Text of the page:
The strangest goal in a bad game

Jonathan Willis
January 12 2014 08:42PM

Edmonton lost to Chicago on Sunday night by a 5-3 score. It was entirely deserved; after a strong opening period by the Oilers the Blackhawks took over the second period and the game. Ales Hemsky wasted a good night where he did the heavy lifting on both of the Oilers’ two goals.

But the interesting thing is the other goal, the one Chicago gifted Edmonton with during a delayed penalty.

The “Boyd Gordon” Goal

We’ll get to scoring chances in a little bit; first I want to go over the goal. The rule for awarding an own-goal is described here (page 111):

Now, the rule says the player who “last touched the puck.” Here’s Boyd Gordon, at 9:19, clearing the puck out of Edmonton’s zone:

This is Devan Dubnyk, at 8:50, making a save on a Blackhawks’ shot:

This is Mark Arcobello, at 8:49, clearing the puck away from the front of the net:

And this is Martin Marincin at 8:41 batting the puck away from the net:

So there are three “possessions” between the Gordon clear and the goal. The penalty was called between Mark Arcobello clearing the net at 8:49 and Marincin batting the puck at 8:41, so there’s an argument to be made that one can’t credit the goal to Marincin – and as it would be Marincin’s first career NHL goal, I can’t say I especially mind if the scorer said ‘let’s not stick him with that one.’

However, Arcobello touched the puck before the delayed penalty. The only possible argument is that the scorer couldn’t conclusively decide that it was Arcobello’s stick that batted the puck away; the video seems pretty definite but with only one angle this is maybe arguable.

But, in that case, the goal should go to Devan Dubnyk, who made the save before Arcobello touched the puck. Dubnyk is credited with a save in the NHL play-by-play data, and there is precedent for a goalie being awarded the goal off a save (via Tyler Dellow):

Personally, I think it’s Arcobello’s goal – not only did he touch the puck last before the whistle, but in terms of virtue (ignoring the rules) he was the guy who followed the puck to the net and moved to get himself into a lane to prevent Chicago from preventing the goal. Regardless, it should not have gone to Gordon.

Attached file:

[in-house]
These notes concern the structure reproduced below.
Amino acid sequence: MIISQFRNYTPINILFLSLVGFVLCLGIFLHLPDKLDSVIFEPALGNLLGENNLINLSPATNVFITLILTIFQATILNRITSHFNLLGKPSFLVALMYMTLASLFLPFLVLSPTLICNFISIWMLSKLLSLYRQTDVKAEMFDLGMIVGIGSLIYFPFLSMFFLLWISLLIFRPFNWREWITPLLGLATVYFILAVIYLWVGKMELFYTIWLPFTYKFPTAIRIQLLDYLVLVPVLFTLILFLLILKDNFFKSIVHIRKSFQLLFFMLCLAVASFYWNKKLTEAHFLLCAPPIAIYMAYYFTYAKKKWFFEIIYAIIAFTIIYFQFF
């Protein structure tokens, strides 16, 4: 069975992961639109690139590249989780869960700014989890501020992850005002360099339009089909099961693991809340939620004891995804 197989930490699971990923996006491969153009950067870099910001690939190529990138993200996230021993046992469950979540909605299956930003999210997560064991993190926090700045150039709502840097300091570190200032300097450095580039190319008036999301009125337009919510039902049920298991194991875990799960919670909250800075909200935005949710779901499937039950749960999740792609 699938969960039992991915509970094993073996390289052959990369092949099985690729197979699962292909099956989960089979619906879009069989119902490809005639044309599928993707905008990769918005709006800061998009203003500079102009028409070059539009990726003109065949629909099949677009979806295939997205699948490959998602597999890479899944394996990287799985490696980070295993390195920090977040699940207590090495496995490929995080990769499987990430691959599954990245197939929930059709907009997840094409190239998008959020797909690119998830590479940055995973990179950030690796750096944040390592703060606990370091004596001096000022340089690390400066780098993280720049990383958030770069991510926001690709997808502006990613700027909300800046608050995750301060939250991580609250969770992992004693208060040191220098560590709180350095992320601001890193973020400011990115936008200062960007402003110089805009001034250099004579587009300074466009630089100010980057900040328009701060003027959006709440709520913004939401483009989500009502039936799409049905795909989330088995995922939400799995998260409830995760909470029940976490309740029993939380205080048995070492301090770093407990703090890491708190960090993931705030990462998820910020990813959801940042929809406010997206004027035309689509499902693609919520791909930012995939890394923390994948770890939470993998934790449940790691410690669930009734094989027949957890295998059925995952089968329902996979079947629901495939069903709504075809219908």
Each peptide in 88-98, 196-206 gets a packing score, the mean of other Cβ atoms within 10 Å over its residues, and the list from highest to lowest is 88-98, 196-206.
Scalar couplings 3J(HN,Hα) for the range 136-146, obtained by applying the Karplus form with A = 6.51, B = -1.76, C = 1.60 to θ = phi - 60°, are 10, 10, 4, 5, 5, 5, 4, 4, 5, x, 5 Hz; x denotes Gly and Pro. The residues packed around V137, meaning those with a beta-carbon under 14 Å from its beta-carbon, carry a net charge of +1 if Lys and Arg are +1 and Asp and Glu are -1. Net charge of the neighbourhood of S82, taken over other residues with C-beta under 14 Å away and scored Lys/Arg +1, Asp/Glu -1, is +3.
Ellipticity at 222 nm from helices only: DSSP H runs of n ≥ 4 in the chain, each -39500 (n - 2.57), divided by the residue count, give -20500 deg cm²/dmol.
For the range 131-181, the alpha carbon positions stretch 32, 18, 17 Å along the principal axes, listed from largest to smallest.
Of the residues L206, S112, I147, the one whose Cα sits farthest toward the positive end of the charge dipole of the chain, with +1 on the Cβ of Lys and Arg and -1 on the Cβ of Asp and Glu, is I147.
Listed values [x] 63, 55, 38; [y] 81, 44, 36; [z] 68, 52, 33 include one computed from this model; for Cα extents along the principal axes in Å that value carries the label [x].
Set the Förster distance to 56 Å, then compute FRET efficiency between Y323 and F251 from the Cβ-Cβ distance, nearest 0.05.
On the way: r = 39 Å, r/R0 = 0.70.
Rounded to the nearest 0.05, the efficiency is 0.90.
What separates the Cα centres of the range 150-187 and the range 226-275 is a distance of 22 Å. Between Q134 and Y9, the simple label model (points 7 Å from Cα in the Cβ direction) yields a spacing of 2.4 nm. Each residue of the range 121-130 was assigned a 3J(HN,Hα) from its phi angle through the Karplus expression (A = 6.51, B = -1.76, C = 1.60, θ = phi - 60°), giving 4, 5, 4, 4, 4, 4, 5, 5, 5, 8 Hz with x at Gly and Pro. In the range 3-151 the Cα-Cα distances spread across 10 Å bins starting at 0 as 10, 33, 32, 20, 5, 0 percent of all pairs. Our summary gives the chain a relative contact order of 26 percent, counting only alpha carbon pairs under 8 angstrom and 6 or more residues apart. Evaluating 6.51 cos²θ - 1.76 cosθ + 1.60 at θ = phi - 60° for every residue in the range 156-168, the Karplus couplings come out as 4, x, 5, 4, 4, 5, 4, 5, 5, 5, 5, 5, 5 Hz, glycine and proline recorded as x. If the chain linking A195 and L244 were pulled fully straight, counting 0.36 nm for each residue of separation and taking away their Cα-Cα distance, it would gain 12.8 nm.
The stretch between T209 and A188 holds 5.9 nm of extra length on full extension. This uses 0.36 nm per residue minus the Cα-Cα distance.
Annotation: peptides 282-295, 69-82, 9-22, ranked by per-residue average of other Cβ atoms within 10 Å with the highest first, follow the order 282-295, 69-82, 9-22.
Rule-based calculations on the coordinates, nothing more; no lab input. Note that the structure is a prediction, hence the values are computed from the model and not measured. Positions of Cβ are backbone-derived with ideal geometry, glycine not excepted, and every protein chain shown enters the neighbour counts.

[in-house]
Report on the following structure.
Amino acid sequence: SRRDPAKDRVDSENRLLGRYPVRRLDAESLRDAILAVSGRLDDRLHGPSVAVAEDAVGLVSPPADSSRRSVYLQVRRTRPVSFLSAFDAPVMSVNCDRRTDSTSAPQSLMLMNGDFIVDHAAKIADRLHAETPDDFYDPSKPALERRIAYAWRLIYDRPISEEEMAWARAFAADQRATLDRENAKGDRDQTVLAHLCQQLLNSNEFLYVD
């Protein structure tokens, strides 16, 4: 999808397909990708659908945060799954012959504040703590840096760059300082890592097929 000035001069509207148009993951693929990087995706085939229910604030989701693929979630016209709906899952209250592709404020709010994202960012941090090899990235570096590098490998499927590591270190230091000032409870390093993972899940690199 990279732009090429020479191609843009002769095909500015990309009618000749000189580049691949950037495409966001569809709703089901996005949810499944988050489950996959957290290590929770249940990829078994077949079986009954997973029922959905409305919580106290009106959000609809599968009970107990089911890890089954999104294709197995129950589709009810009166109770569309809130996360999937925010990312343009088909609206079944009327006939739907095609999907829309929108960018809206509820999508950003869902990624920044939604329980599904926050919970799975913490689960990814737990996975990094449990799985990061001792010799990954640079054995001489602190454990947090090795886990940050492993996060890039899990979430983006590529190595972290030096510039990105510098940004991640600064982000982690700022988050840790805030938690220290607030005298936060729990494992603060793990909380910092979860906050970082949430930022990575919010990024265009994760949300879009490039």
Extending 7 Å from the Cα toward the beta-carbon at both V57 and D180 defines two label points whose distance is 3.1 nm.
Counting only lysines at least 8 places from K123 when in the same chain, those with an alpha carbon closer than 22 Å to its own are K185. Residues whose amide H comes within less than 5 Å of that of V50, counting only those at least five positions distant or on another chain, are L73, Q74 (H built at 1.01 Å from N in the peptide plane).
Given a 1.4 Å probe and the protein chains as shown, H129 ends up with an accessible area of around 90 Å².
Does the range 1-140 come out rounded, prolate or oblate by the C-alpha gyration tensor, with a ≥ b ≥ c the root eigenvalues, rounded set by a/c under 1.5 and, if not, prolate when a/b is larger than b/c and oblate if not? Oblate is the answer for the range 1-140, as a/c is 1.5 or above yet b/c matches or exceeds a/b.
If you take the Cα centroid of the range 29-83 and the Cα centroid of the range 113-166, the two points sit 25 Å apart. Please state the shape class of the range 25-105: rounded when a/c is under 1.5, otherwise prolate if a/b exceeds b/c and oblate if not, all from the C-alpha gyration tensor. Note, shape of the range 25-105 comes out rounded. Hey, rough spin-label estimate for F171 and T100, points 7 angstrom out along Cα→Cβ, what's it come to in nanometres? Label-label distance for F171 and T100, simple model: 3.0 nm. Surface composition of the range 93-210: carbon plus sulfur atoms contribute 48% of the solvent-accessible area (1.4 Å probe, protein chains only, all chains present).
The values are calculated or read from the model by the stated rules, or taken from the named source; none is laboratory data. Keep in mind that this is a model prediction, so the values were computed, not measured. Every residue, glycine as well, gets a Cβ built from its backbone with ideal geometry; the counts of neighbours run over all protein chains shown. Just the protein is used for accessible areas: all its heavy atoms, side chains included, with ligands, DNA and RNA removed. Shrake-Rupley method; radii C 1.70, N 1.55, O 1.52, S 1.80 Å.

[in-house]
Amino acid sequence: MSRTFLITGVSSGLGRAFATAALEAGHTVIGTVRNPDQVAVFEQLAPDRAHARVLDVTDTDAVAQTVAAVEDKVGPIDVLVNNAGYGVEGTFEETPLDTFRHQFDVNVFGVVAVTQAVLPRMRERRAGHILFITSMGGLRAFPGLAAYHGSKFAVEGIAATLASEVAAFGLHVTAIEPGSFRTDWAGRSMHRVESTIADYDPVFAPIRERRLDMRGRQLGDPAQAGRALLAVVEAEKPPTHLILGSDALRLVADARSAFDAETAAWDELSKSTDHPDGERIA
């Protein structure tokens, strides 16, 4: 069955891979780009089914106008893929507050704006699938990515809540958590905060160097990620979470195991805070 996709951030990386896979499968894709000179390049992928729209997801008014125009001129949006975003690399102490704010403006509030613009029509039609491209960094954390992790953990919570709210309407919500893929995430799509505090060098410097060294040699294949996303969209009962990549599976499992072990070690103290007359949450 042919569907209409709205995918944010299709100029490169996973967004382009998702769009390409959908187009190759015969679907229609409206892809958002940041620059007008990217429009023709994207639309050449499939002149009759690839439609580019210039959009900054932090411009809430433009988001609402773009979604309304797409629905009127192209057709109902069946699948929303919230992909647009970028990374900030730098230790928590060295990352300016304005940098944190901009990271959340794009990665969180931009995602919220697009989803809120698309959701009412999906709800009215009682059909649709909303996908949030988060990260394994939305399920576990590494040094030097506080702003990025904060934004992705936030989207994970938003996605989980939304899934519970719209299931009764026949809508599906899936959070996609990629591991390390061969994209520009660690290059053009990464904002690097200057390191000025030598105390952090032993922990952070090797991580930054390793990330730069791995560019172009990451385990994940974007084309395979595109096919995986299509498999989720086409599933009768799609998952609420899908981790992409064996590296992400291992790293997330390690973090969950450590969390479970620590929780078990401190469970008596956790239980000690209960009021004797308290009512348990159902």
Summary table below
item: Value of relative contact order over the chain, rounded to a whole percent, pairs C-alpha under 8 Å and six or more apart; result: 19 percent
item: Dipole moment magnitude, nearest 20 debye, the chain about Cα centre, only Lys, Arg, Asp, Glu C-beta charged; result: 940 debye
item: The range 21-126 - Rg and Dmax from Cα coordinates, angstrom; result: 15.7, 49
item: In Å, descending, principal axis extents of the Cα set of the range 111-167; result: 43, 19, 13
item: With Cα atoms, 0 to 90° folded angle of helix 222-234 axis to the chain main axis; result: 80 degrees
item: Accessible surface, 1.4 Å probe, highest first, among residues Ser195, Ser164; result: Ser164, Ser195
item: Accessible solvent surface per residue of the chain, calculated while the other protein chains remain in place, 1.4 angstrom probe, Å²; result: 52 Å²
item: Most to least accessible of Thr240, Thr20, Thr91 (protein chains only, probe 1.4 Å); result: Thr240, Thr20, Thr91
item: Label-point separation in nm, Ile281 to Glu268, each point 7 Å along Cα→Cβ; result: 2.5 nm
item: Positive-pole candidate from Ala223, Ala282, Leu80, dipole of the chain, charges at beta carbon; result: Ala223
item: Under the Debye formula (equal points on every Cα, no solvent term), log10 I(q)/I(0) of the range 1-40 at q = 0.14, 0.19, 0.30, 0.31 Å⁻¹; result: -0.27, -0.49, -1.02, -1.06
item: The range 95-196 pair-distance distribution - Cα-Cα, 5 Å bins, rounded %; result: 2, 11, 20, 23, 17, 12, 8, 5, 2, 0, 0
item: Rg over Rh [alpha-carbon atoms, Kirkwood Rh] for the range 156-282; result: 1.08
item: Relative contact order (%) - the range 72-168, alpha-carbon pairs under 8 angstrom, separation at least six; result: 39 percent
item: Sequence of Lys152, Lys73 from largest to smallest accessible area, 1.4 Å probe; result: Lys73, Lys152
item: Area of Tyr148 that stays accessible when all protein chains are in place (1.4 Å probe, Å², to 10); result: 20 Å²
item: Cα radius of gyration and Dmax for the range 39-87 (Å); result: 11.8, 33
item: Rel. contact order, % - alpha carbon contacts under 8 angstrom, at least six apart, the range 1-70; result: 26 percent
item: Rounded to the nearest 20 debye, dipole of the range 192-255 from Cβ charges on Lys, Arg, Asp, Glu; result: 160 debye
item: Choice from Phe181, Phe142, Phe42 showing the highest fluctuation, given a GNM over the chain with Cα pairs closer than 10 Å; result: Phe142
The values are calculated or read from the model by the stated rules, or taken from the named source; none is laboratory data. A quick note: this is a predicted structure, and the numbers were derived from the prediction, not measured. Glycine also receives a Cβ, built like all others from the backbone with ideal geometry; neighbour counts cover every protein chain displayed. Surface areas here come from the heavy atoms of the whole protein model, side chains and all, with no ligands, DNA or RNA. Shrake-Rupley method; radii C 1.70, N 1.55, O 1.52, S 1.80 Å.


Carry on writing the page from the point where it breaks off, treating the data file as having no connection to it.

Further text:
Scoring Chances and the Game Itself

In brief:

  • The second line got stomped by the ‘Hawks. By eye, Chicago matched Patrick Kane up against that line and that line couldn’t handle it; the only reason Mark Arcobello’s numbers are good is because when Dallas Eakins shuffled the lines the trio of Arcobello, Smyth and Perron had some excellent shifts.
  • The second pairing stands out here; Jeff Petry had some highly noticeable gaffes but in terms of chances for and against this was the duo that got the job done.
  • Nick Schultz should be sat after that game. Anton Belov probably should be too but there’s only room for one scratch and Schultz was worse tonight, has been worse lately, has worse numbers on the year, and wasn’t playing his off-side.

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Jonathan Willis is a freelance writer. He currently works for Oilers Nation, the Edmonton Journal and Bleacher Report. He's co-written three books and worked for myriad websites, including Grantland, ESPN, The Score, and Hockey Prospectus. He was previously the founder and managing editor of Copper & Blue.
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#51 SammyD
January 13 2014, 08:10PM
Trash it!
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BobbyCanuck wrote:

DO not think a historical comparision will yield the results you are looking for. A snap shot from 1991 to present may be the best, as any other historical comparison would have to take our 5 cups into consideration (which would make us one of the 7 or so best run franchises in NHL history)

I'm not looking for these results - a lunchtime conversation between hockey fans and non-hockey fans turned towards the current Oilers woes and how they stack up against other poor teams. Someone said what you are saying - that the Oilers couldn't be the all-time worst team because of all of their successes in the 80's.

Hence the question. How do you determine the all-time worst team? Can it even be defined?

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